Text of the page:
Another important consideration as to why long-term debt makes sense is what is called “generational equity.” As explained by the City of Edmonton (but the point is applicable in virtually any municipal context): “Users of a capital project will likely change over its useful life and fairness would suggest that those costs should be paid by those who will use the infrastructure over time. Therefore, debt financing over a longer term can be more equitable than using funds collected and accumulated over time from current and prior residents who may not get to benefit from future improvements.”
In other words, long-term debt is a good mechanism to ensure those actually using infrastructure are those actually paying for that infrastructure. (And, as an aside, those who want to take a deeper look at municipal debt would be well-advised to read the City of Edmonton’s whitepaper on the subject.)
Moreover, the Fort’s long-term debt load is not particularly high on a per-capita basis compared to other communities. Edmonton’s financial statements imply a long-term debt per-capita number of $3,338 per person. In the City of Leduc, this number is $1,714 per person. In Fort Saskatchewan, we are very close to Leduc’s number, at $1,769 per person.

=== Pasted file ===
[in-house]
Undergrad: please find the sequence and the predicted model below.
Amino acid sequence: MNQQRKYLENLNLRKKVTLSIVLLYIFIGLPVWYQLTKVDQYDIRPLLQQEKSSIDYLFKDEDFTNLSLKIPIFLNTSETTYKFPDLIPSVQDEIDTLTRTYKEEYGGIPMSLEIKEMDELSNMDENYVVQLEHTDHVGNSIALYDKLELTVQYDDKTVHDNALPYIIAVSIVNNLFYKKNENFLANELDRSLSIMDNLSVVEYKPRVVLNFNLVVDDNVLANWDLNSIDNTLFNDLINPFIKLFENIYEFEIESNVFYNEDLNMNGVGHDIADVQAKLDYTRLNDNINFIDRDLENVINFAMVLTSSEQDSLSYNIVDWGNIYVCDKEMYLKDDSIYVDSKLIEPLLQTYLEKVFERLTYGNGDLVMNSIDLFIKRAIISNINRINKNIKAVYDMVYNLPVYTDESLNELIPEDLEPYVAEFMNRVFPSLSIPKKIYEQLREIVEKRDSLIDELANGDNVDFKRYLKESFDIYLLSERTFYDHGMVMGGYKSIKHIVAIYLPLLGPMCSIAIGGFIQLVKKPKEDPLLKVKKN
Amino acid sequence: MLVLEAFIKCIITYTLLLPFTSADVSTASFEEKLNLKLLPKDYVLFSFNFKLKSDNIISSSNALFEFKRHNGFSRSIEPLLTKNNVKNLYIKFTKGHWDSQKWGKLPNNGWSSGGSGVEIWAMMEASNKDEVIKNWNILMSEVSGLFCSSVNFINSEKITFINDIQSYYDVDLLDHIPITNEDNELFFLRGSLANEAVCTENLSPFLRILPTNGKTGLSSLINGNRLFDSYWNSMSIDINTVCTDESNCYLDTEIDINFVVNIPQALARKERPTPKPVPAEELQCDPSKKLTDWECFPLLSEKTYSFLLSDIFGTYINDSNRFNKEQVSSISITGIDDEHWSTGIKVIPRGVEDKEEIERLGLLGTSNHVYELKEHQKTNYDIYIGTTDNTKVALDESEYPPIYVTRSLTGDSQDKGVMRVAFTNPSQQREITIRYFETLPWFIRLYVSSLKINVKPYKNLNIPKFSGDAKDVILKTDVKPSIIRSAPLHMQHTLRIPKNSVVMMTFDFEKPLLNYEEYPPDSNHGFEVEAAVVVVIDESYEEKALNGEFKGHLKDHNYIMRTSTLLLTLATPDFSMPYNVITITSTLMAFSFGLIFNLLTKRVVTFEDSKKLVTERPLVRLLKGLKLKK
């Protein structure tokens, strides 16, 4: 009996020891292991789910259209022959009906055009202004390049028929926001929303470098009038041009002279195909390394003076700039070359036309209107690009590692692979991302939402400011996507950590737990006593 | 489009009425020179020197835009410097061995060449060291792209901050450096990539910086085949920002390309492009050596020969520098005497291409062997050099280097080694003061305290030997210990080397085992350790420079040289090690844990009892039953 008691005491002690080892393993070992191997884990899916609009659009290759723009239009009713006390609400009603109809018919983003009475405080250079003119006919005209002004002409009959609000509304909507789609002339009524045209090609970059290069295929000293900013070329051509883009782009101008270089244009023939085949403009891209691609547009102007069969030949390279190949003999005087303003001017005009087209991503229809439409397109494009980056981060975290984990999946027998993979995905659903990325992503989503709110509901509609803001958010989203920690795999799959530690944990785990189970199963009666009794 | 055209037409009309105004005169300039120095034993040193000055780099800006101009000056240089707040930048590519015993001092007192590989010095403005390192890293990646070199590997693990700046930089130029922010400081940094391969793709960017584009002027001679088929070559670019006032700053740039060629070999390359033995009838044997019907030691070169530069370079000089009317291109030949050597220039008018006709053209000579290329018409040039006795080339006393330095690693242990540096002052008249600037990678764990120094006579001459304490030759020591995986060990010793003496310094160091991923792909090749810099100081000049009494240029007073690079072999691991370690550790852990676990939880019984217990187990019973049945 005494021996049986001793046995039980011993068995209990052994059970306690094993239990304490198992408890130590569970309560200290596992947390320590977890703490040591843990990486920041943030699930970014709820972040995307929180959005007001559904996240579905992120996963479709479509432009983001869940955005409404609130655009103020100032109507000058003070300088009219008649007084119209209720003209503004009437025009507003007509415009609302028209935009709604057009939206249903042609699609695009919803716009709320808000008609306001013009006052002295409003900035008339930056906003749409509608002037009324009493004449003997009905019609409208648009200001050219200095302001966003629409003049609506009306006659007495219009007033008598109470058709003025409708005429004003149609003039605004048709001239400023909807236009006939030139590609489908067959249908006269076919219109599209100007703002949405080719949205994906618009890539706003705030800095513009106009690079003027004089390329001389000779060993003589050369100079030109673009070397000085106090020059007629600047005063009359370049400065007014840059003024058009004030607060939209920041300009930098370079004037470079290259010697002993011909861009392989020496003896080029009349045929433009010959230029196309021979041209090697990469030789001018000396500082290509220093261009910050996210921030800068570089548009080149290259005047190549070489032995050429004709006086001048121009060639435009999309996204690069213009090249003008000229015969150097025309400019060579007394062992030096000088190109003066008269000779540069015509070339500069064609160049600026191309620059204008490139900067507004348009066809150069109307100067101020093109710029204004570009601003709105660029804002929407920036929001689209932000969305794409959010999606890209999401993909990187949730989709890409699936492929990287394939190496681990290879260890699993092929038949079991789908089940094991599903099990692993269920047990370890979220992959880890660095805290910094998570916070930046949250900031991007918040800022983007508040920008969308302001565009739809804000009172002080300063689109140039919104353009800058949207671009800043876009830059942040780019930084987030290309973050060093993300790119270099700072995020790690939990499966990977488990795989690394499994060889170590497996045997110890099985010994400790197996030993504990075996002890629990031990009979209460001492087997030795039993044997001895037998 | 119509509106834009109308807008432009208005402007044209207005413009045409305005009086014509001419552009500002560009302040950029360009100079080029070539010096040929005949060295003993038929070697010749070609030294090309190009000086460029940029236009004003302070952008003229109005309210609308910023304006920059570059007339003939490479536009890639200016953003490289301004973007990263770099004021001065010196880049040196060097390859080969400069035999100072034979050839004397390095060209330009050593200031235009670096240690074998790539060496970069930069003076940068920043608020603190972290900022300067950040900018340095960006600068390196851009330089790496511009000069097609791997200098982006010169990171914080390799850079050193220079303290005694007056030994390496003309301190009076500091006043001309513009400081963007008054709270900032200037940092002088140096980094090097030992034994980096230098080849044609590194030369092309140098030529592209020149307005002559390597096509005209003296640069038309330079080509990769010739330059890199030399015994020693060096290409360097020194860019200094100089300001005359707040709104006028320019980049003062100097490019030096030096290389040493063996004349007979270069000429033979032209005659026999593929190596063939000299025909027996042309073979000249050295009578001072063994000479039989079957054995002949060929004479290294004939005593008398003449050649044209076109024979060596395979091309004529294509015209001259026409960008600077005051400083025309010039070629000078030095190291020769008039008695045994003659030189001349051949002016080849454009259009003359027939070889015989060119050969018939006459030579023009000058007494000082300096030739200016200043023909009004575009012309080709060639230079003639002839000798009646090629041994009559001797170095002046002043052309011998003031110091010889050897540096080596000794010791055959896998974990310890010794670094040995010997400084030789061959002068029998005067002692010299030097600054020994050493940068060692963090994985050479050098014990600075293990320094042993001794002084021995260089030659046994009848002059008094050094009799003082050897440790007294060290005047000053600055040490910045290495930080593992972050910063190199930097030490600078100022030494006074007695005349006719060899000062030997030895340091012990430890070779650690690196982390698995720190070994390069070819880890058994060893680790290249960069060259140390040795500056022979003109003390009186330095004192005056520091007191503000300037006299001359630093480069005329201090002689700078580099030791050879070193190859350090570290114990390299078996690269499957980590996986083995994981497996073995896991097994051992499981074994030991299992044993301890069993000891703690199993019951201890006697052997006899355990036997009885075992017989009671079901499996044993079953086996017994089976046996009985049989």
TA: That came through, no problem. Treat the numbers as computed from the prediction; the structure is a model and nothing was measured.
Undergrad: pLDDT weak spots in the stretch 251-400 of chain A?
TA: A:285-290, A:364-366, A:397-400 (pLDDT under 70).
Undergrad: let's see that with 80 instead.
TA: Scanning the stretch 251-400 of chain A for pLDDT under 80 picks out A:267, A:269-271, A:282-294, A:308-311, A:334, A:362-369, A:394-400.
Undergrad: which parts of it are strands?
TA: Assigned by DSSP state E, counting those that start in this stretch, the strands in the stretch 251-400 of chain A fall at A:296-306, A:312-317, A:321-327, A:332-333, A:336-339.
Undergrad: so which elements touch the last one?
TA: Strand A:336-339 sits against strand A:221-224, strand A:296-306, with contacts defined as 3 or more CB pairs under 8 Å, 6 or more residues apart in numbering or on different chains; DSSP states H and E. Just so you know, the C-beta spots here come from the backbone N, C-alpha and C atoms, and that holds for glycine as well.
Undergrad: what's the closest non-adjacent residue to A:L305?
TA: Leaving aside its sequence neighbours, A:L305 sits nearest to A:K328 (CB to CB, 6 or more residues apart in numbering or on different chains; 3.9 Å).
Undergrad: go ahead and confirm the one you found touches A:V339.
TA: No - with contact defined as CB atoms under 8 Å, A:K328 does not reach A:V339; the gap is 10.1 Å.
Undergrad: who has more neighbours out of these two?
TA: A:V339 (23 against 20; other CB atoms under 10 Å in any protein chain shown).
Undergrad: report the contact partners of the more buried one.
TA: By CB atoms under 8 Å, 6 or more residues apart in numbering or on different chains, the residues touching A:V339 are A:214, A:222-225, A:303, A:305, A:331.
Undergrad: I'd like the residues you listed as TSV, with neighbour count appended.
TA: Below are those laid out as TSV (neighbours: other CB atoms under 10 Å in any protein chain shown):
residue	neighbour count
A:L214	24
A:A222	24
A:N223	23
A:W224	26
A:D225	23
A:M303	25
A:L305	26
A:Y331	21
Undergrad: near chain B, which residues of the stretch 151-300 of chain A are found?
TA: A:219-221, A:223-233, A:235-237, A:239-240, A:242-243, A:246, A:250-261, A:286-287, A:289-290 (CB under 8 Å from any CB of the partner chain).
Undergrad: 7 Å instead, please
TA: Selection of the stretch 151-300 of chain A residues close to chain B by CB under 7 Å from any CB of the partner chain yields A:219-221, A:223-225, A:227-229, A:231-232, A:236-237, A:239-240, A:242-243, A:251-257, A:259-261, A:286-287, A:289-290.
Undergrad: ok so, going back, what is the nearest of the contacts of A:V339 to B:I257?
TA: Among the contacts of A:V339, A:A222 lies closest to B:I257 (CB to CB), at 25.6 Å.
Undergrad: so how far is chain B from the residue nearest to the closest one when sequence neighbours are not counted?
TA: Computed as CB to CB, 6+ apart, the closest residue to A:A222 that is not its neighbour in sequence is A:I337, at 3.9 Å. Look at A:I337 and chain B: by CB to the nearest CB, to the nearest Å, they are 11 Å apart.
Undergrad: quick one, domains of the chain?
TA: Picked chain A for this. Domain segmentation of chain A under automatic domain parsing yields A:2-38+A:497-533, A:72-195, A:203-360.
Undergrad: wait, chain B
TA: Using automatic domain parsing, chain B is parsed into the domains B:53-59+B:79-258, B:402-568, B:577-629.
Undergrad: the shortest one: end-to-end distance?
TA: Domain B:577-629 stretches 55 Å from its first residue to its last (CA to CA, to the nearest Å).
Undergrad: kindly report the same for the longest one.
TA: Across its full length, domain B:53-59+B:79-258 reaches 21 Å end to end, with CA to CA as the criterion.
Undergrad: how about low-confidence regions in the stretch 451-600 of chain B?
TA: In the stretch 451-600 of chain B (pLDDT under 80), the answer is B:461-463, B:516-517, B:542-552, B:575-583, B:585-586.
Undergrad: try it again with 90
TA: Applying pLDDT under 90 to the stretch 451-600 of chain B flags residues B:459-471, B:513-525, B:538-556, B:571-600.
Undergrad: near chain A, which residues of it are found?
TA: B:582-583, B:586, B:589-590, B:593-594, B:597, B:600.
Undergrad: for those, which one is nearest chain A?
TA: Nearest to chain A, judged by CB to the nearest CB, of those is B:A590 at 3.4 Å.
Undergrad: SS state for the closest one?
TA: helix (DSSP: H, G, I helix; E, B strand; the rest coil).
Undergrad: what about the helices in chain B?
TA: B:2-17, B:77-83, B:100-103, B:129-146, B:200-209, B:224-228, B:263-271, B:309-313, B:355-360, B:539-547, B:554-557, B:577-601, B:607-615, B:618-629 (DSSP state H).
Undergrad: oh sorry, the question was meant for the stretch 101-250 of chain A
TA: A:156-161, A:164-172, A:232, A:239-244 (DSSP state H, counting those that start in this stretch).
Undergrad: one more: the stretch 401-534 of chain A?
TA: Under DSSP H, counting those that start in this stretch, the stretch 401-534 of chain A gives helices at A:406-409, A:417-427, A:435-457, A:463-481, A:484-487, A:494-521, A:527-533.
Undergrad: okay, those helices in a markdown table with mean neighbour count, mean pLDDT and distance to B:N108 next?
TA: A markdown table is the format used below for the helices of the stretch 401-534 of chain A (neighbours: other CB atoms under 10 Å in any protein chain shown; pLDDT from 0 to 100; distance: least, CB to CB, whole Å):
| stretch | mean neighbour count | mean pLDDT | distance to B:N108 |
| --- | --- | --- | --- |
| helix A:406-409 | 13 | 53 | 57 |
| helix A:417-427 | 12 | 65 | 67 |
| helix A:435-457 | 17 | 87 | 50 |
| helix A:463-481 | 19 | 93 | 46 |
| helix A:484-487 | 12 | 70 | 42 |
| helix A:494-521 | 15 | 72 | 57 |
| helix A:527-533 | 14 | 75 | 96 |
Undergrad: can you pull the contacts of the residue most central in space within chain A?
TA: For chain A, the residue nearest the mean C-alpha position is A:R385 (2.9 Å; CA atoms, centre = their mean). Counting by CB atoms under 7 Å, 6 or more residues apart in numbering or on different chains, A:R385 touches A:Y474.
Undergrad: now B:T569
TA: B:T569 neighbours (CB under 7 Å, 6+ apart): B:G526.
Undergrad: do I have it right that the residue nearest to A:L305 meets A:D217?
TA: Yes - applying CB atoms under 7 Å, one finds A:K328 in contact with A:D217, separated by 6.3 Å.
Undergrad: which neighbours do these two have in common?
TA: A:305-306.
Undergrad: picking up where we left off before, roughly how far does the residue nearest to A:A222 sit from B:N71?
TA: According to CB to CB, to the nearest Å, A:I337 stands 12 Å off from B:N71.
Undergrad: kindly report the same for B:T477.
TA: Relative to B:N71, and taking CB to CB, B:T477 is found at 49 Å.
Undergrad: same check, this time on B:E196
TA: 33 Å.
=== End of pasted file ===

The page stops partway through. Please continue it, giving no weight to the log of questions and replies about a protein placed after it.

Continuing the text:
What many residents may not realize is that long-term municipal debt in Alberta is additionally favourable when compared to, for example, corporate borrowing, personal borrowing or municipal borrowing in provinces like Ontario. What I mean by this is that rather than borrowing from a bank, as you or I would for our personal or business use, long-term debt is typically borrowed from the Alberta Capital Finance Authority, or “ACFA.”
As stated on their website: “The Alberta Capital Finance Authority (“ACFA”) is a provincial authority and acts only as an agent of the Alberta crown. Its business is to provide local entities with financing for capital projects. ACFA is able to borrow in capital markets at interest rates which would not be available to local authorities acting independently.”
On the latter point, a 30-year loan from ACFA currently has an interest rate of only 3.287% — not much above inflation.
Moreover, substantial controls exist by provincial legislation/regulation to ensure that all municipalities keep debt to a sustainable level — without the need for additional policies at a municipal level, such as those suggested by Randhawa.
For example, debt servicing in Fort Saskatchewan cannot exceed 25% of a city’s total revenues. The total debt level is also capped at 150% of total revenues. Meanwhile, municipalities borrowing above 75% of their debt limit are subjected to greater borrowing scrutiny.
What does this mean for Fort Saskatchewan? Is our debt sustainable? Here are the facts:
Fort Saskatchewan currently sits at 38.6% of its long term debt limit. The City’s growth since 2010 has increased that debt limit by $36,835,602, but the City has been restrained in its use of that additional borrowing capacity.
In other words, despite Randhawa’s “breakneck speed” debt accumulation claim, the City has over $9.62 million in additional borrowing capacity than it did in 2010. Perhaps the City’s administration should instead get some credit for keeping control of the City’s fiscal reins.